The 2018 Prism Prize top 10:

  • Alice Glass, “Without Love” (director: Floria Sigismondi)
  • Alvvays, “Dreams Tonight” (director: Matt Johnson)
  • Charlotte Day Wilson, “Work” (director: Fantavious Fritz)
  • CRi feat. Ouri, “Rush” (director: Didier Charette)
  • Daniel Caesar, “Freudian, a Visual” (directors: Keavan Yazdani and Sean Brown)
  • Feist, “Century” (director: Scott Cudmore)
  • Grimes feat. Janelle Monae, “Venus Fly” (director: Grimes)
  • Jessie Reyez, “Gatekeeper” (director: Peter Huang)
  • Lenoard Cohen, “Leaving the Table” (director: Christopher Mills)
  • Pup, “Old Wounds” (director: Jeremy Schaulin-Rioux)

Leonard Cohen’s Leaving The Table Video

Christopher Mills, the director of Leonard Cohen’s Leaving The Table video, was nominated for Juno Video Of The Year. Here’s what he said about creating the video in 2017:

“I really loved thinking about him celebrating this new journey by dancing around in the clouds, and visiting his old haunts, playing around with all the weird and cool stuff you could probably do, once you ‘cross over’ into another plane. It just kind of made me warm inside to take this song, which could be about passing on to another place, and figuring out what it could look like in a world of lightness, new adventures, and whatever great memory you could come up with. I mean – I’d watch that channel…”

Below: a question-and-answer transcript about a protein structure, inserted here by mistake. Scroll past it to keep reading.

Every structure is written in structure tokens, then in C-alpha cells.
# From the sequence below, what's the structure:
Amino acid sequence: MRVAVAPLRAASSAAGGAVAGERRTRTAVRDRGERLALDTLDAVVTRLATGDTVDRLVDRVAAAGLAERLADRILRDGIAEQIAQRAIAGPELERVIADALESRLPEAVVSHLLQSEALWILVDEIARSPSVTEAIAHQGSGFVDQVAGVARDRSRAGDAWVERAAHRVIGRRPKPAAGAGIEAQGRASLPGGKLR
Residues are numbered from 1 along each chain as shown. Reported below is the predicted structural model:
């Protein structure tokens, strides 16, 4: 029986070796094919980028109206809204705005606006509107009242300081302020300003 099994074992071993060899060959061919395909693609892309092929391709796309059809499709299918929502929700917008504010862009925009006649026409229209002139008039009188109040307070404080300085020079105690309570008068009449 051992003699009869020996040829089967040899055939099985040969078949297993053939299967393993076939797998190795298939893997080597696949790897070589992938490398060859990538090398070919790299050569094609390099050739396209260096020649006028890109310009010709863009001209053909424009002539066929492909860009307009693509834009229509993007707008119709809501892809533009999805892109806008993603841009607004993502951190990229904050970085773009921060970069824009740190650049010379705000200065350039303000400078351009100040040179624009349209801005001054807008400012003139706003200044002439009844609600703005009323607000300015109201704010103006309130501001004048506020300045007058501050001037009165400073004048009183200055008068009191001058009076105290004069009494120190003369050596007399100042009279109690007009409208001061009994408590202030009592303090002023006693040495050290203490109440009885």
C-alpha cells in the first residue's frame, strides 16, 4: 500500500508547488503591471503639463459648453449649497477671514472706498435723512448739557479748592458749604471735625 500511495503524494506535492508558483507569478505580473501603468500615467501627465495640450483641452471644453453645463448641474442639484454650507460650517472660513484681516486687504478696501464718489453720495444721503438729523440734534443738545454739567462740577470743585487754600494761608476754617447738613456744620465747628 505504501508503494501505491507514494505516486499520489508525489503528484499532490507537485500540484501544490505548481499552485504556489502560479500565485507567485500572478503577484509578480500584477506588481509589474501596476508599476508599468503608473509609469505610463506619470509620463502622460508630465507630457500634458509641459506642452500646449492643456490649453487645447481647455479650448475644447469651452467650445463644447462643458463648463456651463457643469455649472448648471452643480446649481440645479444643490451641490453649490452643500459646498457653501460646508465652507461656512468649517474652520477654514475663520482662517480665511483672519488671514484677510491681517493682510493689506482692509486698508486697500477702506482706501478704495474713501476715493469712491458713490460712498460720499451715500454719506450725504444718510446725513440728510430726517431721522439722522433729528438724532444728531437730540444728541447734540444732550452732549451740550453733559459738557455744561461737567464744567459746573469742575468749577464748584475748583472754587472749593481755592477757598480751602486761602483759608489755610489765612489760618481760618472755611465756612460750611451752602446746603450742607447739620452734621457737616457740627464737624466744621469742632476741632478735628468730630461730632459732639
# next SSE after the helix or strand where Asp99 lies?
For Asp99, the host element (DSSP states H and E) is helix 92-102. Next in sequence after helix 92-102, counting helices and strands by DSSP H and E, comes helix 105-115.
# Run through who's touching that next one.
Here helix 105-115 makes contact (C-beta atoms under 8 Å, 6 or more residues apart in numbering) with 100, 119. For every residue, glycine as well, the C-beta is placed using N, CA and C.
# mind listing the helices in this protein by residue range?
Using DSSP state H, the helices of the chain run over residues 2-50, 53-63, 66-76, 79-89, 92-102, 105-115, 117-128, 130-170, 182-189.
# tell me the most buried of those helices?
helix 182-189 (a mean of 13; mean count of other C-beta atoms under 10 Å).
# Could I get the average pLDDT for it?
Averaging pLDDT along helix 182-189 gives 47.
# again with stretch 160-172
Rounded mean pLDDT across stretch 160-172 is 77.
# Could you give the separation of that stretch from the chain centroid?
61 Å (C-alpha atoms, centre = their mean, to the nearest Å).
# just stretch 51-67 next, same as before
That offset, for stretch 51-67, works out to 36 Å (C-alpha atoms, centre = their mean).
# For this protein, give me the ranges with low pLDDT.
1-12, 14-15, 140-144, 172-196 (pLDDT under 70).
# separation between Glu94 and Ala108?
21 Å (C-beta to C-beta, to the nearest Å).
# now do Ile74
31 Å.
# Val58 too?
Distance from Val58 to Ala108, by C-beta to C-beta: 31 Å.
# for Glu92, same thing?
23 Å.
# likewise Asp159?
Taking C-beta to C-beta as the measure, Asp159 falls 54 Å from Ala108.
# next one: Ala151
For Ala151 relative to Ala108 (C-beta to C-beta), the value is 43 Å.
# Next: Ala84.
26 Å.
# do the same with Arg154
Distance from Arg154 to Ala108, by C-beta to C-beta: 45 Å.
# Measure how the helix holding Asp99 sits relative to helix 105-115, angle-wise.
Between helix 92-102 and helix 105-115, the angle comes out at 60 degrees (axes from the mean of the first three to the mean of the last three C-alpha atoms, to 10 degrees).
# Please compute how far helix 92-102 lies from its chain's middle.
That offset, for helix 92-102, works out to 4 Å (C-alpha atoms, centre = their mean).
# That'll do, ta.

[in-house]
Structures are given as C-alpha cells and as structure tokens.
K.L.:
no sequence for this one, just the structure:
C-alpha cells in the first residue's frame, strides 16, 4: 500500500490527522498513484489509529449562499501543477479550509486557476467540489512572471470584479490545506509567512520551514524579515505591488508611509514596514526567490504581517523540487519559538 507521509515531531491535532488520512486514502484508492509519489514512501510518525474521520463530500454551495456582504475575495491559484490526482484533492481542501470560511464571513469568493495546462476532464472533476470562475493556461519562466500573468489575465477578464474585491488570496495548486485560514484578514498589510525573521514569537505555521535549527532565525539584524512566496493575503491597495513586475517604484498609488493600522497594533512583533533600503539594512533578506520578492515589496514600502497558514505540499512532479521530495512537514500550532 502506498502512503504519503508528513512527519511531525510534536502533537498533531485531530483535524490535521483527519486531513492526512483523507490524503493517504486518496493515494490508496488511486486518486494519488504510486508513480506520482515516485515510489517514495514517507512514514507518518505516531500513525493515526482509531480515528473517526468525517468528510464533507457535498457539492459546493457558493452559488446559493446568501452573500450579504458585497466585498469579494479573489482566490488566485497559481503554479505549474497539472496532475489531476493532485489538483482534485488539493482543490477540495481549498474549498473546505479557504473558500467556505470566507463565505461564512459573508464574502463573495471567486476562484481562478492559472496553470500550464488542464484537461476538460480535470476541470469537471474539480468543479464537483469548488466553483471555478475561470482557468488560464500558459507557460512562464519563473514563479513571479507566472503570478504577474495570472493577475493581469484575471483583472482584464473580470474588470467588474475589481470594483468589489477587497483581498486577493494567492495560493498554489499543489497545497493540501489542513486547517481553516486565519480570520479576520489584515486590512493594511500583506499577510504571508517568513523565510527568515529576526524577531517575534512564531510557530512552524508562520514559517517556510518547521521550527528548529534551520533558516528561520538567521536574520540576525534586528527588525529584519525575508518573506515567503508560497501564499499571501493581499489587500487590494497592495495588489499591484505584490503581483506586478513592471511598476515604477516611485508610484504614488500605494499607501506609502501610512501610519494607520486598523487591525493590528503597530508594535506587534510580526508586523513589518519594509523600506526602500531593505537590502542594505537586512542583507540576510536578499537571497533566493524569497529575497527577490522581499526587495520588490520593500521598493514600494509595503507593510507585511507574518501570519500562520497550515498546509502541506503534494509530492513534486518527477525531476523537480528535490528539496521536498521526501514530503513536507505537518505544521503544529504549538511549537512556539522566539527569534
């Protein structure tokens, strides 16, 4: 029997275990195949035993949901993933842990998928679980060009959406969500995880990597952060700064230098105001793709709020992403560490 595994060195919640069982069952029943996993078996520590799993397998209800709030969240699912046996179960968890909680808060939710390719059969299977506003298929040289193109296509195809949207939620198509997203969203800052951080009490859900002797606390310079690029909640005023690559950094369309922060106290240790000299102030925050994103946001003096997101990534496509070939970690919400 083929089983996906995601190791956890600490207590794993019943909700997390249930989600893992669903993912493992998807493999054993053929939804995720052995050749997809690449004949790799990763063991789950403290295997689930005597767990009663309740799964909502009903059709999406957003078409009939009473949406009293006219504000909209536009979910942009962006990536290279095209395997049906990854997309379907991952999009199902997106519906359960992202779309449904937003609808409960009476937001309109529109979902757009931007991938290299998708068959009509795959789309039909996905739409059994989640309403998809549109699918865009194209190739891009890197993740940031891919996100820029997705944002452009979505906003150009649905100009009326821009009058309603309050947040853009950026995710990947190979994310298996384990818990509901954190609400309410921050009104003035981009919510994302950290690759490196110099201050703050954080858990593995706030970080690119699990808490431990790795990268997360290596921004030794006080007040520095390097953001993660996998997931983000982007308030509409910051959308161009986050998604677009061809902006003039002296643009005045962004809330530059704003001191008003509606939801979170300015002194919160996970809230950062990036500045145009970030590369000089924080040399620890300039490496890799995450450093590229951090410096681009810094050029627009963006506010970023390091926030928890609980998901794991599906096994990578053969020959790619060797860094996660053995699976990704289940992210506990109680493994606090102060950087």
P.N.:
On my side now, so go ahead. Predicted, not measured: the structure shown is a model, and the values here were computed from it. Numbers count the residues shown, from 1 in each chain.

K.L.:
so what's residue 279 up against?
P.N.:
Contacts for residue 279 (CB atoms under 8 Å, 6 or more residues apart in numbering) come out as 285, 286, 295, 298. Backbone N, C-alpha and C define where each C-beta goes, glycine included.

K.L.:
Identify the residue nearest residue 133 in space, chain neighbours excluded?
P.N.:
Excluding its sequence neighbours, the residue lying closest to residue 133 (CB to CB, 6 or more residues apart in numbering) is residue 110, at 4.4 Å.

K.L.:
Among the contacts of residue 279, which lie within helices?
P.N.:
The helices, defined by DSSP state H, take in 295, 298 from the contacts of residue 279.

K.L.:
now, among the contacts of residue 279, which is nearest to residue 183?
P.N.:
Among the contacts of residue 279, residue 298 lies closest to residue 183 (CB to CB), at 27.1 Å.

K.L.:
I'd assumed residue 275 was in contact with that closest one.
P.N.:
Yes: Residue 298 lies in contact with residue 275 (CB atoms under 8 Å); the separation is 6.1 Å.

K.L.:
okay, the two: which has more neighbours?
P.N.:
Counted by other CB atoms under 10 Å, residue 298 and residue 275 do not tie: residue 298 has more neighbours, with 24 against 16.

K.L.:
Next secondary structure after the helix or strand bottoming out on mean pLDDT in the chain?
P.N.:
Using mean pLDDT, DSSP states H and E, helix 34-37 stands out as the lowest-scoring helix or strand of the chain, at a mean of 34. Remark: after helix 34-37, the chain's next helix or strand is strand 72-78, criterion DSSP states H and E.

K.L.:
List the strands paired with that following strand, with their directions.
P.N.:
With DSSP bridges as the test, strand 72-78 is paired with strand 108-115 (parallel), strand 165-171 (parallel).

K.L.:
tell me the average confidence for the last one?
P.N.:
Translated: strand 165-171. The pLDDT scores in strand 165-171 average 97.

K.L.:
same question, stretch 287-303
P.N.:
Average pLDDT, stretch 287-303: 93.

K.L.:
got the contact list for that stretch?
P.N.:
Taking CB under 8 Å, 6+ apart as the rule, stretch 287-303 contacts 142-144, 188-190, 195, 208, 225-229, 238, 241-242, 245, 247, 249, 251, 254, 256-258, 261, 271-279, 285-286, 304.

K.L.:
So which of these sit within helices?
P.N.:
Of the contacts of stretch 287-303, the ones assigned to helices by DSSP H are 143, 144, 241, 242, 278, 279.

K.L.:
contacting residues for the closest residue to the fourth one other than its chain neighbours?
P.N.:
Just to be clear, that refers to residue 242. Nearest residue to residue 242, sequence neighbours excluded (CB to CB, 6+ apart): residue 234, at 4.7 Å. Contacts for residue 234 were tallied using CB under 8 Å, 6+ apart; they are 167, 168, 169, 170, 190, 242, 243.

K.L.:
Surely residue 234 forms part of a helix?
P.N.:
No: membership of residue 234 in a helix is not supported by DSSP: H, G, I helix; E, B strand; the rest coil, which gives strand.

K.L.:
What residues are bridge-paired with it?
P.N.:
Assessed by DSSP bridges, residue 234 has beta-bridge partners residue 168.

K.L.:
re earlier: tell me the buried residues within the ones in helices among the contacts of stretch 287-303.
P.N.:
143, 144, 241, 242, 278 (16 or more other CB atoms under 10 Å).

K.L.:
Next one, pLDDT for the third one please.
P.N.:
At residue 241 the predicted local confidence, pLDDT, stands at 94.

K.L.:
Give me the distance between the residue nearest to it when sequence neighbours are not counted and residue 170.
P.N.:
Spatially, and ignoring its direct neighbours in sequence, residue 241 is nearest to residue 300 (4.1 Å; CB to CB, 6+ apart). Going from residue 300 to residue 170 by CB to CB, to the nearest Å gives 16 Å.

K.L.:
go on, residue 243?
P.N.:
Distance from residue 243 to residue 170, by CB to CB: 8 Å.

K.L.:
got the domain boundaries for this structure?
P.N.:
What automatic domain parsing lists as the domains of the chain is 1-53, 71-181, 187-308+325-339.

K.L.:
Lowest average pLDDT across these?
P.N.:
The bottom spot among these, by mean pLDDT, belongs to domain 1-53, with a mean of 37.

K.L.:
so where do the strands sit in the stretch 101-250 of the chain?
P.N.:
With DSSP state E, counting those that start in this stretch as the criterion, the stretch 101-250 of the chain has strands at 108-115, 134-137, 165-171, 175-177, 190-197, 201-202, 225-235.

From Watch Leonard Cohen’s Posthumous Music Video ‘Leaving The Table’ by Karen Bliss (Billboard: Sept 19, 2017), which offers information about the making of the Leonard Cohen – Leaving the Table video that premiered at the Sept 18, 2017 Polaris Music Prize Gala.

The 1958 Canada Council Grants That Changed Leonard Cohen’s Life & How He Repaid The Debt


“The truth is without the help and encouragement of the Canada Council I would never have written The Favourite Game or The Spice Box of Earth. I am profoundly grateful.” Leonard Cohen

I was working in a factory in Montreal at the time and writing, having these wonderful evenings that would go late, and then I had to be at work at seven. It was a good hour drive, so [I was] sleeping very, very little and playing all night and working all day. Then I applied for and was awarded a grant by the Canada Council. A very generous grant at the time, it was about three grand, which was worth a lot in ’59,1 and also a ticket to visit the ancient capitals, because on the basis of Let Us Compare Mythologies, I said I wanted to visit Rome, Athens, Jerusalem. So, I had a round-trip ticket from Montreal to Tel Aviv. I went to England first, and I wrote the first draft of The Favorite Game, and I finished the book which later became Spice-Box Of Earth, and then I went to Greece with my guitar, and I finished another draft or two of The Favorite Game. Then I locked into this living style that would carry me through the next seven or eight years.quotedown2

Leonard Cohen


From The Stranger Music of Leonard Cohen by William Ruhlmann. Goldmine, February 19, 1993